Special Needs Trust

Unless you are extremely wealthy (and maybe even if you are), a "Special Needs Trust" is an essential ingredient to providing financial support for someone with a disability or special needs.

The main objective of a Special Needs Trust is to provide support for someone who is disabled, or has special needs, without harming that person's ability to qualify for Supplemental Security Income (SSI) or Medicaid.

In most cases, parents with a disabled or special needs child are much better advised to place assets to support the child in a Special Needs Trust, rather than giving them to a guardian of the child. The reason is two-fold.

  • First, the child (and guardian) will avoid the problems inherent in a Guardianship Proceeding.

  • Second, the child may be able to qualify for SSI or Medicaid benefits and still receive support from the trust.

In most states, a person will not qualify for SSI or Medicaid if they have $2,000 or more worth of assets.

Therefore, a Special Needs Trust has to be structured so that the beneficiary of the trust does not own or control the assets of the trust.

Rather, the assets should be controlled by the trustee who has broad, reasonable, discretion as to when and how much to spend in support of the beneficiary.

Without this broad discretion, the government could argue the trustee is required to pay for the beneficiary's care or support. The assets in the trust would then count as assets of the beneficiary, thereby disqualifying him or her from SSI or Medicaid.

A Special Needs Trust should supplement SSI or Medicaid, by providing financial support for certain living expenses; not supplant those programs.

Well-intentioned, but ill-informed, parents or grandparents, sometimes leave assets to a disabled or special needs child or grandchild; thereby disqualifying him or her from SSI or Medicaid. This can cause more harm than good for the beneficiary.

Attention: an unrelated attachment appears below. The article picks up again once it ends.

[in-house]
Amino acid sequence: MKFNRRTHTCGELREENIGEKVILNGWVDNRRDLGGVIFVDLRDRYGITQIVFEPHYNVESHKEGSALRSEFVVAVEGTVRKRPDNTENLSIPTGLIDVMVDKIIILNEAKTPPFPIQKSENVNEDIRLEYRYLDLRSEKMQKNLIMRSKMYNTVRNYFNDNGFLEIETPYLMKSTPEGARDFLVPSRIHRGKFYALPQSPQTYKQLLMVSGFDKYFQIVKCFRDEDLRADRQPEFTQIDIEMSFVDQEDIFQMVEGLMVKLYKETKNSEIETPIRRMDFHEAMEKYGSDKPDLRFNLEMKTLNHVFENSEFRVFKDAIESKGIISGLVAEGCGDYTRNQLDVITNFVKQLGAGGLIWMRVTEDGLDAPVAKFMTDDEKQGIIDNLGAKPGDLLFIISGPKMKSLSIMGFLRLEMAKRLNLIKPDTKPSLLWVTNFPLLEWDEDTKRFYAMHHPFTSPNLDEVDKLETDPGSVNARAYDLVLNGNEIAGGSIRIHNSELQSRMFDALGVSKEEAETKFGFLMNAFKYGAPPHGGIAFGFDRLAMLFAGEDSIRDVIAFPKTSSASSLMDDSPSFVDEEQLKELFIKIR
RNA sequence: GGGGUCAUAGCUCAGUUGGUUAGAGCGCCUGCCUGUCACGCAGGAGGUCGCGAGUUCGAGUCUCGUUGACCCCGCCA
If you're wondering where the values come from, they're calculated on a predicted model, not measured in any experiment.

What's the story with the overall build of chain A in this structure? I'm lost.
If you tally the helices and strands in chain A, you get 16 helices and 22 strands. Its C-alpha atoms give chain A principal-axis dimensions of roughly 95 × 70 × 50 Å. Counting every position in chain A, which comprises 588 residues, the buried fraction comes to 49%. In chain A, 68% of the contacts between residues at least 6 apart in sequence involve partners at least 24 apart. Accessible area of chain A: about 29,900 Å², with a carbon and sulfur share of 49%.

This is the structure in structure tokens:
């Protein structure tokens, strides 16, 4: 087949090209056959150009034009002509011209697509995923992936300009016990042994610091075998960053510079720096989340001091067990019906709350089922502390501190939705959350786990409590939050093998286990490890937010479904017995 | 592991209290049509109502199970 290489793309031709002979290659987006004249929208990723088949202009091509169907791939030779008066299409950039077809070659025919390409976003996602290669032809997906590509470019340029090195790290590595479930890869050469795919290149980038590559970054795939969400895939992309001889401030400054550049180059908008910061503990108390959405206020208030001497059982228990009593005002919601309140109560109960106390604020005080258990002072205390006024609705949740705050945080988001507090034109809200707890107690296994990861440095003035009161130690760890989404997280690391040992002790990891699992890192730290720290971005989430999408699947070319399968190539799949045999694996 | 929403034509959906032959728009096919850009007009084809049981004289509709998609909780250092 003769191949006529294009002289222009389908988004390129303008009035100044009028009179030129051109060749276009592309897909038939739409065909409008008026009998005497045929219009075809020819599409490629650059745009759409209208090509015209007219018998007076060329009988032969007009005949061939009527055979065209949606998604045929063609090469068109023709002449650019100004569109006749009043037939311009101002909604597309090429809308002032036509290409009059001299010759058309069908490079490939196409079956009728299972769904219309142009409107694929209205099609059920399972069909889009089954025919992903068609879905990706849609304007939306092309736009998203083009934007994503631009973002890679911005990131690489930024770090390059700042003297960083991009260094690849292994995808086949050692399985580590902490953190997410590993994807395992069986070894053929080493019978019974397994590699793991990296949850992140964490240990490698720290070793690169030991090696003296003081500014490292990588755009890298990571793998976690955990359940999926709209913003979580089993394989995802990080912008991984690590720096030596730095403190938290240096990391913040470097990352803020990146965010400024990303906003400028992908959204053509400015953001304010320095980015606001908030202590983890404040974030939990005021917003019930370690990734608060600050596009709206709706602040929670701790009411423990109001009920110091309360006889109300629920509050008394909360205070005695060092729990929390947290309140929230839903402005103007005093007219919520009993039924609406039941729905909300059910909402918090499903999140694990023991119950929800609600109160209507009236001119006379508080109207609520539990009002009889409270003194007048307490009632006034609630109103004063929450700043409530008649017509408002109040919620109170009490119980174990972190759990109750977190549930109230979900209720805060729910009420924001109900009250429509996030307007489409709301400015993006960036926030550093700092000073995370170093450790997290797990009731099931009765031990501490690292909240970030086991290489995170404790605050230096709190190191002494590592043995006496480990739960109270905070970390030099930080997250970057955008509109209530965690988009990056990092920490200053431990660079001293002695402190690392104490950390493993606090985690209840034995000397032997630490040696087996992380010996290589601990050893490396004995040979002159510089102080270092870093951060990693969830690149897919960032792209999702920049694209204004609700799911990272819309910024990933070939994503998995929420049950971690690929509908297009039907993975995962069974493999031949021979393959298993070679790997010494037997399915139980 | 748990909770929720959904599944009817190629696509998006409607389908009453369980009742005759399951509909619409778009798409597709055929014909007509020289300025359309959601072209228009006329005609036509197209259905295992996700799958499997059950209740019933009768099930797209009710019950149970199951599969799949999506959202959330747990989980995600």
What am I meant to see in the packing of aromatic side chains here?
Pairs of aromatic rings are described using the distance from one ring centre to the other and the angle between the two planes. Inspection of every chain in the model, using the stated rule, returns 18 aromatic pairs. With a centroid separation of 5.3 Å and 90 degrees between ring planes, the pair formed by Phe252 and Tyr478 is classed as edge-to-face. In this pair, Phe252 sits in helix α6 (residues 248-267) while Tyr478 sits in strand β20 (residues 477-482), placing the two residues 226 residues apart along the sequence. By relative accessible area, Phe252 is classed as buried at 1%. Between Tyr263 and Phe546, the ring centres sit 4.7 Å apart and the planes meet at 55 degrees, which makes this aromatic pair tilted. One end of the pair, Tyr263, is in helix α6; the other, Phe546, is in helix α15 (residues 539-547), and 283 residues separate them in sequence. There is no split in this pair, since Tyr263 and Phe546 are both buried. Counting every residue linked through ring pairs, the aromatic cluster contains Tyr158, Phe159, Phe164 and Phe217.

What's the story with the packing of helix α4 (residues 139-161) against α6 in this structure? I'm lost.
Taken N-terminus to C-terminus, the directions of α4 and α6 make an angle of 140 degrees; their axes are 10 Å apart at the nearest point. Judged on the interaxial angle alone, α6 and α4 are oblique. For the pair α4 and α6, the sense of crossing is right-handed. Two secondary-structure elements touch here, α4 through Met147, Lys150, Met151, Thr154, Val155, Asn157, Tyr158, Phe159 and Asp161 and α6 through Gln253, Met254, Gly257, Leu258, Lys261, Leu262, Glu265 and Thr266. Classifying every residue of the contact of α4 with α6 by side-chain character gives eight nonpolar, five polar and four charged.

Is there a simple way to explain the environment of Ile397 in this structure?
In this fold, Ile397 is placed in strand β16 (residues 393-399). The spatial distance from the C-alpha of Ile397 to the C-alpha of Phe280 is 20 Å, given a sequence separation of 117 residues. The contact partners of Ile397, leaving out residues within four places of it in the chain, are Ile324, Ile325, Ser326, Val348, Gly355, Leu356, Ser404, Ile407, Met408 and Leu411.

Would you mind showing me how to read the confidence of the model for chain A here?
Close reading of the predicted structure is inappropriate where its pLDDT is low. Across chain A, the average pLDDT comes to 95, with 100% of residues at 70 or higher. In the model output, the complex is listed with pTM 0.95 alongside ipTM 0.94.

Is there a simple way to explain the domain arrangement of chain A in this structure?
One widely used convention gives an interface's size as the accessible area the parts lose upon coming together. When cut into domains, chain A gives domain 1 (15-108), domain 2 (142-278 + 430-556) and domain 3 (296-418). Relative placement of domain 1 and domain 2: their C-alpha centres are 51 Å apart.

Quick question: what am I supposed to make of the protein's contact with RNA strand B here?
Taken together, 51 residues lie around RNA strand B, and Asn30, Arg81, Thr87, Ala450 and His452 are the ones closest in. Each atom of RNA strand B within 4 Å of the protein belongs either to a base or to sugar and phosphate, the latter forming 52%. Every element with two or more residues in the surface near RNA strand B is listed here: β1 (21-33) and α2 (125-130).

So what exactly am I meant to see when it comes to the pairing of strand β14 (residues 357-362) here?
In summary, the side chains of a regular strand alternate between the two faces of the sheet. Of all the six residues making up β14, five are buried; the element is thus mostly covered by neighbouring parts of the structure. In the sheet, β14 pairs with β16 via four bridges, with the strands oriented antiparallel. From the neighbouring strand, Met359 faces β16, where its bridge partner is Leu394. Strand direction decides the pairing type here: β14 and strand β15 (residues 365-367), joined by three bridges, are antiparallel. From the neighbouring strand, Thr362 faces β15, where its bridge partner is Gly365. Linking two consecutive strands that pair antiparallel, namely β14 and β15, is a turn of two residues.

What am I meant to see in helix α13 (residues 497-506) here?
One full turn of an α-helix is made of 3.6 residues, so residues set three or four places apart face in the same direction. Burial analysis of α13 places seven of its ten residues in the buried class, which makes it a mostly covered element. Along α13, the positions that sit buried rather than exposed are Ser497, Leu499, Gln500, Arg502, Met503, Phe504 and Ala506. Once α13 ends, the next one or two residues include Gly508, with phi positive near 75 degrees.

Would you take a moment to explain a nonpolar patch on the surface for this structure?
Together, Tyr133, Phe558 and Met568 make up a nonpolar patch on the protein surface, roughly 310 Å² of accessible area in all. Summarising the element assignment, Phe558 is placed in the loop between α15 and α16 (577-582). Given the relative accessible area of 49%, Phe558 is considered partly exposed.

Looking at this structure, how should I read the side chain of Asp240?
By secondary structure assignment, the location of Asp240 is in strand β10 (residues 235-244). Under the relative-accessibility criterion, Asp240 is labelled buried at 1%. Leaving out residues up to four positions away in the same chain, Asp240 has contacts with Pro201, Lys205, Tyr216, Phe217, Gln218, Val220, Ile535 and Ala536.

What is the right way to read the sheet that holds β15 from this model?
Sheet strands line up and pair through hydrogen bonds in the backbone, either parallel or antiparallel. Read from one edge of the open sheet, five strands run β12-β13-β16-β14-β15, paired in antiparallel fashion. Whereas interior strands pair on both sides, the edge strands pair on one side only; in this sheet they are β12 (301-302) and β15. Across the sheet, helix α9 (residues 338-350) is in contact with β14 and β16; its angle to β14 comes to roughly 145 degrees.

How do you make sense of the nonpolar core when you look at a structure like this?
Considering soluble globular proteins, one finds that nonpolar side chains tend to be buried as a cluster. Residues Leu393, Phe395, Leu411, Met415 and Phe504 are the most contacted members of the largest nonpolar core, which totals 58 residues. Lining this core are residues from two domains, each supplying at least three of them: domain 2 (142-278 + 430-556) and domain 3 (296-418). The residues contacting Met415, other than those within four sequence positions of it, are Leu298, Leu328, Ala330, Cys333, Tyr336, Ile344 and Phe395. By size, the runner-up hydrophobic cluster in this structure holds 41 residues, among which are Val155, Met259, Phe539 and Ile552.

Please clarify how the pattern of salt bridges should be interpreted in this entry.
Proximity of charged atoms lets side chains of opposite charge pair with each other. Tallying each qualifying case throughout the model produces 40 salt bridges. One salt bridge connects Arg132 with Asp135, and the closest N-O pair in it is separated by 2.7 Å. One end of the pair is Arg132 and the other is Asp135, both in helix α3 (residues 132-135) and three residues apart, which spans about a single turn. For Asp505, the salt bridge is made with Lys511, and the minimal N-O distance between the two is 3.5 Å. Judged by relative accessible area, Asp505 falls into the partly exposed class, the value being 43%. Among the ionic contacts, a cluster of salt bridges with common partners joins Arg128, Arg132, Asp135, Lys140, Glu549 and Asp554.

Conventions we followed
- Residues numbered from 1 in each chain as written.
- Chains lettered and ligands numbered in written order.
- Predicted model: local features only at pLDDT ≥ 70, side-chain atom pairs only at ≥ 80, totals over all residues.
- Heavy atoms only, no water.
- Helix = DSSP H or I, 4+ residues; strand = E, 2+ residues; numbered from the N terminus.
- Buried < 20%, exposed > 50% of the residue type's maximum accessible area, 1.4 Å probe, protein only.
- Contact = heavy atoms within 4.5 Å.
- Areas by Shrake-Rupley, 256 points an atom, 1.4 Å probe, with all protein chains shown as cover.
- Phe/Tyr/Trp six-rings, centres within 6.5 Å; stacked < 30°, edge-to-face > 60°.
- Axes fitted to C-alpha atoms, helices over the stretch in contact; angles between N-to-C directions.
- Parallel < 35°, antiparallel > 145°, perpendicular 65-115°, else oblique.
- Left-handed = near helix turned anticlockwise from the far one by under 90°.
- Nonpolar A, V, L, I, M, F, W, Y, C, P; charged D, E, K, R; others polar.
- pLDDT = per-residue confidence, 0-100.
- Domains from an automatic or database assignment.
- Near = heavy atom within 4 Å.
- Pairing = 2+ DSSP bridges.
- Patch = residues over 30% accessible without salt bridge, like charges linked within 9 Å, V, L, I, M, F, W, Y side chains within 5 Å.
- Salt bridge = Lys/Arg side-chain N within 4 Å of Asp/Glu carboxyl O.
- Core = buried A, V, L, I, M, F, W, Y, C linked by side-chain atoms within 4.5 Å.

One other factor to keep in mind is that increasing numbers of people are now being diagnosed with a progressive neurological conditions -- such as Multiple Sclerosis, Parkinsons Disease, and Alzheimer's Disease. These conditions often begin mildly but progress to full-fledged disabilty. So, it is essential to ask the neurologist what to expect from the future progression of the disease. If the outlook is for disease progression, a special needs or Disability Trust should be considered.

The bottom line is that if you are considering leaving assets, from your estate, to someone who qualifies, or may qualify, for SSI or Medicaid – you must get advice from a qualified estate planning attorney. Make sure she or he has experience drafting Special Needs or Disability Trusts.

You can get more information about special needs trusts trusts and medicaid qualification issues at Medicaid Secrets. You also can ask specific questions at living trust questions or (for a small fee) at:

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Here's some resources to hire your own trust attorney.

If you live in the state of Washington and need support dealing with a special needs child and his or her mental, emotional, or behavioral issues, you should check out SAFE Washington. SAFE Washington is dedicated to supporting special needs families through a network of family organizations in Washington state.

Here’s an article about Special Needs Trust Issue.

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